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Are Teaching Hospitals Treated Fairly in the Hospital-Acquired Condition Reduction Program?

Al Mohajer, Mayar, MD, MBA; Joiner, Keith A., MD, MPH; Nix, David E., PharmD

doi: 10.1097/ACM.0000000000002399
Research Reports

Purpose To identify the factors associated with total Hospital-Acquired Condition Reduction Program (HACRP) score and with receiving a Centers for Medicare and Medicaid Services (CMS) penalty (1% reduction in payment to those hospitals in the lowest-performing quartile of HACRP scores) for fiscal years (FYs) 2015–2017 with a particular focus on trends over this period.

Method The authors evaluated the following variables: (1) type of hospital (teaching vs. nonteaching); (2) disproportionate patient percentage; (3) case mix index (CMI); (4) number of staffed beds; (5) length of stay (LOS); (6) gross patient revenue; and (7) region, using data from CMS and the American Hospital Directory. They conducted multivariate linear and logistic regressions.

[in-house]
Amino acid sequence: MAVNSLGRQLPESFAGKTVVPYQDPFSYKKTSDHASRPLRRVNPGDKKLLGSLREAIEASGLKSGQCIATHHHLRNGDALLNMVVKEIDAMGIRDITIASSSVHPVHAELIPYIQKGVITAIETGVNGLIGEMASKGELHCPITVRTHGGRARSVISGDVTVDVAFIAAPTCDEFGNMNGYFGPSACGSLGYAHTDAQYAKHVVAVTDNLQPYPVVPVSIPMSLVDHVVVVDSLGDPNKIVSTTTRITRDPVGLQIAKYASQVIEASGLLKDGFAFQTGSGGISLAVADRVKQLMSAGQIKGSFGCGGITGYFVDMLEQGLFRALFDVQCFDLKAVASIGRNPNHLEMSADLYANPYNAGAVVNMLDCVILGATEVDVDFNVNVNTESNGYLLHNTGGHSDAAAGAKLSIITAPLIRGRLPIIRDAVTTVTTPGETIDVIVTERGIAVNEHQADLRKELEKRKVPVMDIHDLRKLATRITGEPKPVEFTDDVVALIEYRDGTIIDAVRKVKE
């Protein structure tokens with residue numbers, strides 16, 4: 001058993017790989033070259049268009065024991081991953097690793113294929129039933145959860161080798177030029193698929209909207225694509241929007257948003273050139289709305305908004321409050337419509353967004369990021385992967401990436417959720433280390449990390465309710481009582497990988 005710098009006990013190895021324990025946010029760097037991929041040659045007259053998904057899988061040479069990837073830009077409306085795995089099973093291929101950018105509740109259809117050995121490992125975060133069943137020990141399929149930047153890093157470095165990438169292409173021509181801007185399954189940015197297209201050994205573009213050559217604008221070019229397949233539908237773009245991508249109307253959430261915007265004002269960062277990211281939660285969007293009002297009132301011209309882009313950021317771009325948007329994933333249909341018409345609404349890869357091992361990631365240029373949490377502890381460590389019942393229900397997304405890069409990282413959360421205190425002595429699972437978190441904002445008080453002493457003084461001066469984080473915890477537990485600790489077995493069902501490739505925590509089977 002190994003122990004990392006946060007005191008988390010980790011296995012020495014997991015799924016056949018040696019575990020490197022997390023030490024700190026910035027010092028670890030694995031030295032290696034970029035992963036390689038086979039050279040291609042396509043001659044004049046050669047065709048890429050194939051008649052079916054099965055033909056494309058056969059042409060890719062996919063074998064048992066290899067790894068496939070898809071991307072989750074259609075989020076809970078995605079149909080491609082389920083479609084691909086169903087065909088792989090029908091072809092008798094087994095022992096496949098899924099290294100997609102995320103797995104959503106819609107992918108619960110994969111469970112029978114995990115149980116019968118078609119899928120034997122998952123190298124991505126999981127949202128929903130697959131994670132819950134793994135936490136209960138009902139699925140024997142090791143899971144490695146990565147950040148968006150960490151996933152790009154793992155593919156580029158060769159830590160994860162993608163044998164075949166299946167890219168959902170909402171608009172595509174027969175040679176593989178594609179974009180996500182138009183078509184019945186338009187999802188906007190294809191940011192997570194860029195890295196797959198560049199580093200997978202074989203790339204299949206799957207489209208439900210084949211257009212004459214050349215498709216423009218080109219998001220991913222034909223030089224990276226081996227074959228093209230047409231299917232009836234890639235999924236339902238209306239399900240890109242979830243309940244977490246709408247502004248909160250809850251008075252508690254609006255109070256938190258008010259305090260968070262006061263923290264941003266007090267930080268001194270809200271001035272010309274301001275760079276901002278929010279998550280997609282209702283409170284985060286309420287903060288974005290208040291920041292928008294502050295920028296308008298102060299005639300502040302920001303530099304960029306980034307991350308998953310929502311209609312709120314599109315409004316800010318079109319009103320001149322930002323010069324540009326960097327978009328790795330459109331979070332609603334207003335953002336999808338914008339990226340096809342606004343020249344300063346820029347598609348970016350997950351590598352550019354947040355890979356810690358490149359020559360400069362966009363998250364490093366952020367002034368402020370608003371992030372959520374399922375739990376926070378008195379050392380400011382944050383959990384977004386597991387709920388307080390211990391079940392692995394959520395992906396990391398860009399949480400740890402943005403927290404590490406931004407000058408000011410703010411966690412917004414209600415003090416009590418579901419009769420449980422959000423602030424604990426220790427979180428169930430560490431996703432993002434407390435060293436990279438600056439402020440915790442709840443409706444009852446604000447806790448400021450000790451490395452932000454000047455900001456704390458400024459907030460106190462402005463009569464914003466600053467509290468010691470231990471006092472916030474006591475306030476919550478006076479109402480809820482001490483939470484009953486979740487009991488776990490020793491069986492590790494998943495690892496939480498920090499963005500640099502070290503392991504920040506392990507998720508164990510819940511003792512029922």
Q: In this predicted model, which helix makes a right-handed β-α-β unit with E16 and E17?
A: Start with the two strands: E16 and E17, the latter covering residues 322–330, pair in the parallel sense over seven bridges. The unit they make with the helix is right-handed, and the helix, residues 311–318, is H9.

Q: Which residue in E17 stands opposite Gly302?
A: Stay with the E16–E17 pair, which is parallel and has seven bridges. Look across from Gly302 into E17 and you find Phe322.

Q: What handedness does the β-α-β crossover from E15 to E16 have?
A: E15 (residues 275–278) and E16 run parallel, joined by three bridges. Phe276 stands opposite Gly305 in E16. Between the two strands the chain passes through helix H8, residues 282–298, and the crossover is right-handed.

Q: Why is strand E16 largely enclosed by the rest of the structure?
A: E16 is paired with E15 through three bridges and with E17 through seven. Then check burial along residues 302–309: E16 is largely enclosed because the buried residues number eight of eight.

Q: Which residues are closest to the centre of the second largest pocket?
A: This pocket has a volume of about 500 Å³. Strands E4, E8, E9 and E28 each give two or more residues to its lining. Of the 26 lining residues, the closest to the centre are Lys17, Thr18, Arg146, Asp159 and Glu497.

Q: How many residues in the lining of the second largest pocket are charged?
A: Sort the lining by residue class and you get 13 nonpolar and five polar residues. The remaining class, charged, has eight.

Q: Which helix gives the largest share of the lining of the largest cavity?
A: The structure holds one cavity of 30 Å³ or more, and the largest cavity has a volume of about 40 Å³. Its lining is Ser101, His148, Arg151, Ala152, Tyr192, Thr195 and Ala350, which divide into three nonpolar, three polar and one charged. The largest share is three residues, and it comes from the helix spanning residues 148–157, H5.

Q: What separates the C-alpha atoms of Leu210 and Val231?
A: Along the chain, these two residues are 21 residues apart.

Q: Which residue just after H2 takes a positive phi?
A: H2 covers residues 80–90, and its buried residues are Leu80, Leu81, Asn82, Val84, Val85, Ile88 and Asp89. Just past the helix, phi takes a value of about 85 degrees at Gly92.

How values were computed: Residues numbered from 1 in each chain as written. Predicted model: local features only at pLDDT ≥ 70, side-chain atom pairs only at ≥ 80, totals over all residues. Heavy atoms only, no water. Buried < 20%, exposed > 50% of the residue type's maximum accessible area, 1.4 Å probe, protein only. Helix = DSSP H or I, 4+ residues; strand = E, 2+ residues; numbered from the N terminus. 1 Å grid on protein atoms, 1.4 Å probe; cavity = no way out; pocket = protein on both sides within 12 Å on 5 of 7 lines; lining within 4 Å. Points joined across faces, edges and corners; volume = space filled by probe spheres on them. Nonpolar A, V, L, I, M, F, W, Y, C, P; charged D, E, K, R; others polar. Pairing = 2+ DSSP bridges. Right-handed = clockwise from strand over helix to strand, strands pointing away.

Results A total of 2,249 hospitals were included. The mean total HACRP scores across hospitals for FY15, FY16, and FY17 were 5.38, 5.35, and 5.18, respectively. In FY15, 21.2% (476/2,249) of hospitals received a penalty compared with 22.6% (508/2,249) in FY16 and 31.3% (704/2,249) in FY17 (P < .001). The logistic regression model showed that teaching hospitals, larger hospitals (> 400 beds), hospitals with high CMI or long LOS, and hospitals in the Northeast and Western United States were more likely to receive a penalty. Teaching hospitals and larger hospitals did not improve their scores over time compared with nonteaching and small hospitals.